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June 27, 2012

Green Travel on the Rise

By Guest Blogger

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Beynac-et-Cazenac, France, canoing among castles-146054237(iStockphoto,Thinkstock)
Canoeing among castles near Beynac-et-Cazenac, France (iStockphoto/Thinkstock)

These days, just about everyone is aware of the impact humankind is having on our fragile environment. As such, we've seen a global shift toward more "green" living, from homes to businesses and, now, to travel. More people are taking a more sustainable approach to their vacation plans. In fact, according to TripAdvisor, of the 700 U.S. travelers they surveyed, 71 percent said they will make a conscious effort to select eco-friendly travel options over the coming year.

Why Green Travel?
It's no secret that Earth is overpopulated. Our natural resources are continuously being exhausted by overconsumption and deforestation, while pollution is disrupting our delicate eco-system. By choosing travel alternatives that offer a more eco-friendly approach, you can reduce your carbon footprint and preserve the fragile environment that is being seriously threatened. Best of all, you can do so without sacrificing the quality of your travel experience.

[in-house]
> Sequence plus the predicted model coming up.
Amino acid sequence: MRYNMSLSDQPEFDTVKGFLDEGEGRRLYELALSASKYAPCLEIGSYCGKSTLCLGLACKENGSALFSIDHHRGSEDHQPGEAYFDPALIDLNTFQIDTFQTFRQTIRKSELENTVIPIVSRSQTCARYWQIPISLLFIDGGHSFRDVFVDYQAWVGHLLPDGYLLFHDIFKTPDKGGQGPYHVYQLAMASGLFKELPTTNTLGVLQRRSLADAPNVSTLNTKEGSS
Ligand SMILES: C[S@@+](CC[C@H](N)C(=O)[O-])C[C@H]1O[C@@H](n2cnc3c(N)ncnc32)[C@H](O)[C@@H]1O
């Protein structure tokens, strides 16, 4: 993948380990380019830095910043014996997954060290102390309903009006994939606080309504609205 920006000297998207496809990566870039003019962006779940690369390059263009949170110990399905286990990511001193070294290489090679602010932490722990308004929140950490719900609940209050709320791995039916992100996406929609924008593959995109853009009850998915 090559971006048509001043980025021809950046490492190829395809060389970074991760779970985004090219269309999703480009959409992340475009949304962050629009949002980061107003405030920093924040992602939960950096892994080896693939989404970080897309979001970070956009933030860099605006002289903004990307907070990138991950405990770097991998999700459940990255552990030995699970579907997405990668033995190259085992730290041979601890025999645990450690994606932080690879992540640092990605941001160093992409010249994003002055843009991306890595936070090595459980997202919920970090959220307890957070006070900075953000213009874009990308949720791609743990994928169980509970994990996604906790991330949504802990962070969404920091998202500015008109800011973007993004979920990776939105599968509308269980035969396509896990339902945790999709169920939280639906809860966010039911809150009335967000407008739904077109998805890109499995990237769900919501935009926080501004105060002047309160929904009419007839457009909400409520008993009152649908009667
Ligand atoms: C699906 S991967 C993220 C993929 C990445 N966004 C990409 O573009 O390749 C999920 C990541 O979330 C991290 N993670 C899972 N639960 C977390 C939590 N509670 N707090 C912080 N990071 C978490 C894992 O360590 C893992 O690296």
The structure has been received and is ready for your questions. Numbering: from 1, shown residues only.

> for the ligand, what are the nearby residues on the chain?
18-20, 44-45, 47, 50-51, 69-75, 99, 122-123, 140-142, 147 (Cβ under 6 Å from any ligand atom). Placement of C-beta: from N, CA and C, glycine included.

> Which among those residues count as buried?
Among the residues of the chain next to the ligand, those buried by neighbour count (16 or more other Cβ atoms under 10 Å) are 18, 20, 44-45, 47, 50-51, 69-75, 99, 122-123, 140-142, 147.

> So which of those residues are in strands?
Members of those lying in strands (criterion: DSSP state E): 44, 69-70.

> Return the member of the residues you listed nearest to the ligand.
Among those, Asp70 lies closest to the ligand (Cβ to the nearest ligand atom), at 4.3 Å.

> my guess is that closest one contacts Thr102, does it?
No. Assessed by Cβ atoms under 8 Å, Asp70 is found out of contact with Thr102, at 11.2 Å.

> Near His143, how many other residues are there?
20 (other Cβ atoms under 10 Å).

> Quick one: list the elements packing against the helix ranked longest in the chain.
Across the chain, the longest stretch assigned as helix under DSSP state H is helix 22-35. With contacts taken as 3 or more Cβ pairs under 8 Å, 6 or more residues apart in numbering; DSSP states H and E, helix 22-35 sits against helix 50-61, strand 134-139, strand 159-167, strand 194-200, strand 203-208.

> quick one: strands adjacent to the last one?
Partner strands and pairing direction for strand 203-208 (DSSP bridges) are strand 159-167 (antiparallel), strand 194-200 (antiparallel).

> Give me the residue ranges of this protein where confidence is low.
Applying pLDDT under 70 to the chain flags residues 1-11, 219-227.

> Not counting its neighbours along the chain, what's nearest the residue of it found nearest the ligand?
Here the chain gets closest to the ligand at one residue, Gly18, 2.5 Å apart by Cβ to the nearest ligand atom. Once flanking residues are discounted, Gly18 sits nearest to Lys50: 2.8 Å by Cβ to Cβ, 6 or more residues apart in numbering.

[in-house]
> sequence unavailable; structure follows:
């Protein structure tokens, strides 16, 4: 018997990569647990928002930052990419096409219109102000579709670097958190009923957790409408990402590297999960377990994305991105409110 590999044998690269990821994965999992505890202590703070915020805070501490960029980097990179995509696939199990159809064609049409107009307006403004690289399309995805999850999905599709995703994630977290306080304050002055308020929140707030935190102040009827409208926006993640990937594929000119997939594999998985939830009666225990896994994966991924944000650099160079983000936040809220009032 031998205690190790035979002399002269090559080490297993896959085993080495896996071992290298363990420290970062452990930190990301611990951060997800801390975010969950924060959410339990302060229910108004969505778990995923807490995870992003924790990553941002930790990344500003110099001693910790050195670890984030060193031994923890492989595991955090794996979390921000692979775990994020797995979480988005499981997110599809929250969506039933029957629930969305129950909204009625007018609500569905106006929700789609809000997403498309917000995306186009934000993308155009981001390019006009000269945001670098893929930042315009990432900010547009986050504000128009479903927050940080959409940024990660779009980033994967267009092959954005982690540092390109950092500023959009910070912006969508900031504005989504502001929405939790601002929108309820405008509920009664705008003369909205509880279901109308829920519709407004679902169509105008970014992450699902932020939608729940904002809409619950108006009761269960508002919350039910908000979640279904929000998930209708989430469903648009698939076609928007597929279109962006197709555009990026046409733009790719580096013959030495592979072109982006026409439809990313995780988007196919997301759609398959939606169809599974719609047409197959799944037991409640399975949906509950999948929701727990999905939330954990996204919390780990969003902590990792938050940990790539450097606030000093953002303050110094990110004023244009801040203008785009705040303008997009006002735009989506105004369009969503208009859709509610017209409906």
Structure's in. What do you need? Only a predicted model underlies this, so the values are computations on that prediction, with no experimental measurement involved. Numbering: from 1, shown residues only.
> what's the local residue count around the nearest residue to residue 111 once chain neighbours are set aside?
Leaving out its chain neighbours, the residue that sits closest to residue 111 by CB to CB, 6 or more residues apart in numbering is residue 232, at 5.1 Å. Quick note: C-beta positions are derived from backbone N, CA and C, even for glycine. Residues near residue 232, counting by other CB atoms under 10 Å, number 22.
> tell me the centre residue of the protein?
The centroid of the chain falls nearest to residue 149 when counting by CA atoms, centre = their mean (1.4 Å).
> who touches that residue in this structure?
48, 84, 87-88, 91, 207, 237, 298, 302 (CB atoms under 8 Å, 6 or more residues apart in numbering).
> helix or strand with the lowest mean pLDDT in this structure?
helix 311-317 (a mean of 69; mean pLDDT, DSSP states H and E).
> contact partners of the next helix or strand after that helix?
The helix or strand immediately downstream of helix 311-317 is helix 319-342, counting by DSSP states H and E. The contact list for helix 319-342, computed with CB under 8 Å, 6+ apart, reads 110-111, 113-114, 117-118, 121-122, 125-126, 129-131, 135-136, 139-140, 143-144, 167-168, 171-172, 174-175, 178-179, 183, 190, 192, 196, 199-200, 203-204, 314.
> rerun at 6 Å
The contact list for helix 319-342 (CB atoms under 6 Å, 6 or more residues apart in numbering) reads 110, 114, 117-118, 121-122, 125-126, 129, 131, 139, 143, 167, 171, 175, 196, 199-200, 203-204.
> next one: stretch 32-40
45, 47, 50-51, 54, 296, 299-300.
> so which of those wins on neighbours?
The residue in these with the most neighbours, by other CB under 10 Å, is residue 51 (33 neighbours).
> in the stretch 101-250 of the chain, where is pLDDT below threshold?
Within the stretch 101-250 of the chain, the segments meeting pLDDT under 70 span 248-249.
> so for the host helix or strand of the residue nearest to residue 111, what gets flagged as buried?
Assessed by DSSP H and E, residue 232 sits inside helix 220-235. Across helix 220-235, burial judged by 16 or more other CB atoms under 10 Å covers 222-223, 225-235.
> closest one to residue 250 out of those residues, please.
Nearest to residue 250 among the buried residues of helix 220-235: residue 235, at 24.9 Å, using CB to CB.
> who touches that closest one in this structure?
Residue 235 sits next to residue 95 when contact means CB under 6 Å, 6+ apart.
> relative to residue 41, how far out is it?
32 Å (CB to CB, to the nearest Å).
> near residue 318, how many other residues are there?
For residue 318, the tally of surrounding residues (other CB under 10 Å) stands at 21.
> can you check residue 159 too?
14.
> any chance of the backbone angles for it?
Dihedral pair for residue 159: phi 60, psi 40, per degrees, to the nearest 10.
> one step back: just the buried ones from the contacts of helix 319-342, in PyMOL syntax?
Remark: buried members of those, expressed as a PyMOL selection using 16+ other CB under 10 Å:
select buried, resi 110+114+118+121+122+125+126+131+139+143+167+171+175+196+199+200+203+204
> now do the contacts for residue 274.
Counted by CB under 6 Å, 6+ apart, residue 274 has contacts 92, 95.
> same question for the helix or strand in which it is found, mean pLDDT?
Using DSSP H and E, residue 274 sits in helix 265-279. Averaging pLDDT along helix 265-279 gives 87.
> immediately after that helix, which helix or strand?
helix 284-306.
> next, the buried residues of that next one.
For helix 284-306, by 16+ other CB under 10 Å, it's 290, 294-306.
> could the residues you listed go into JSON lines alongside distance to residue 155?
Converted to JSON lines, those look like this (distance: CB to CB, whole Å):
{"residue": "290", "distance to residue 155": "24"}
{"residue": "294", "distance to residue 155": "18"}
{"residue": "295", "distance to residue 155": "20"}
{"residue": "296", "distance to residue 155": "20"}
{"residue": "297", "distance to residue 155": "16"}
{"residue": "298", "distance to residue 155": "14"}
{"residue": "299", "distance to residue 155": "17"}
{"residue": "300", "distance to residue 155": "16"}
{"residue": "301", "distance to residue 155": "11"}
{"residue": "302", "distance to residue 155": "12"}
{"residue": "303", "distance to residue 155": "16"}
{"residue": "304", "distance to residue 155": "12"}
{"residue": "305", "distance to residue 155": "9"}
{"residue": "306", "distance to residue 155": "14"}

Green Travel Options
There are a number of simple ways travelers can choose more sustainable options when they travel. For instance, they can choose to stay at hotels that provide guests with the opportunity to participate in more eco-friendly activities such as towel and linen reuse, recycling programs, and water-efficient low-flow toilets and showerheads. Guests can take it a step further by committing to turning the lights off in their rooms when leaving the hotel and adjusting the thermostat to reduce waste.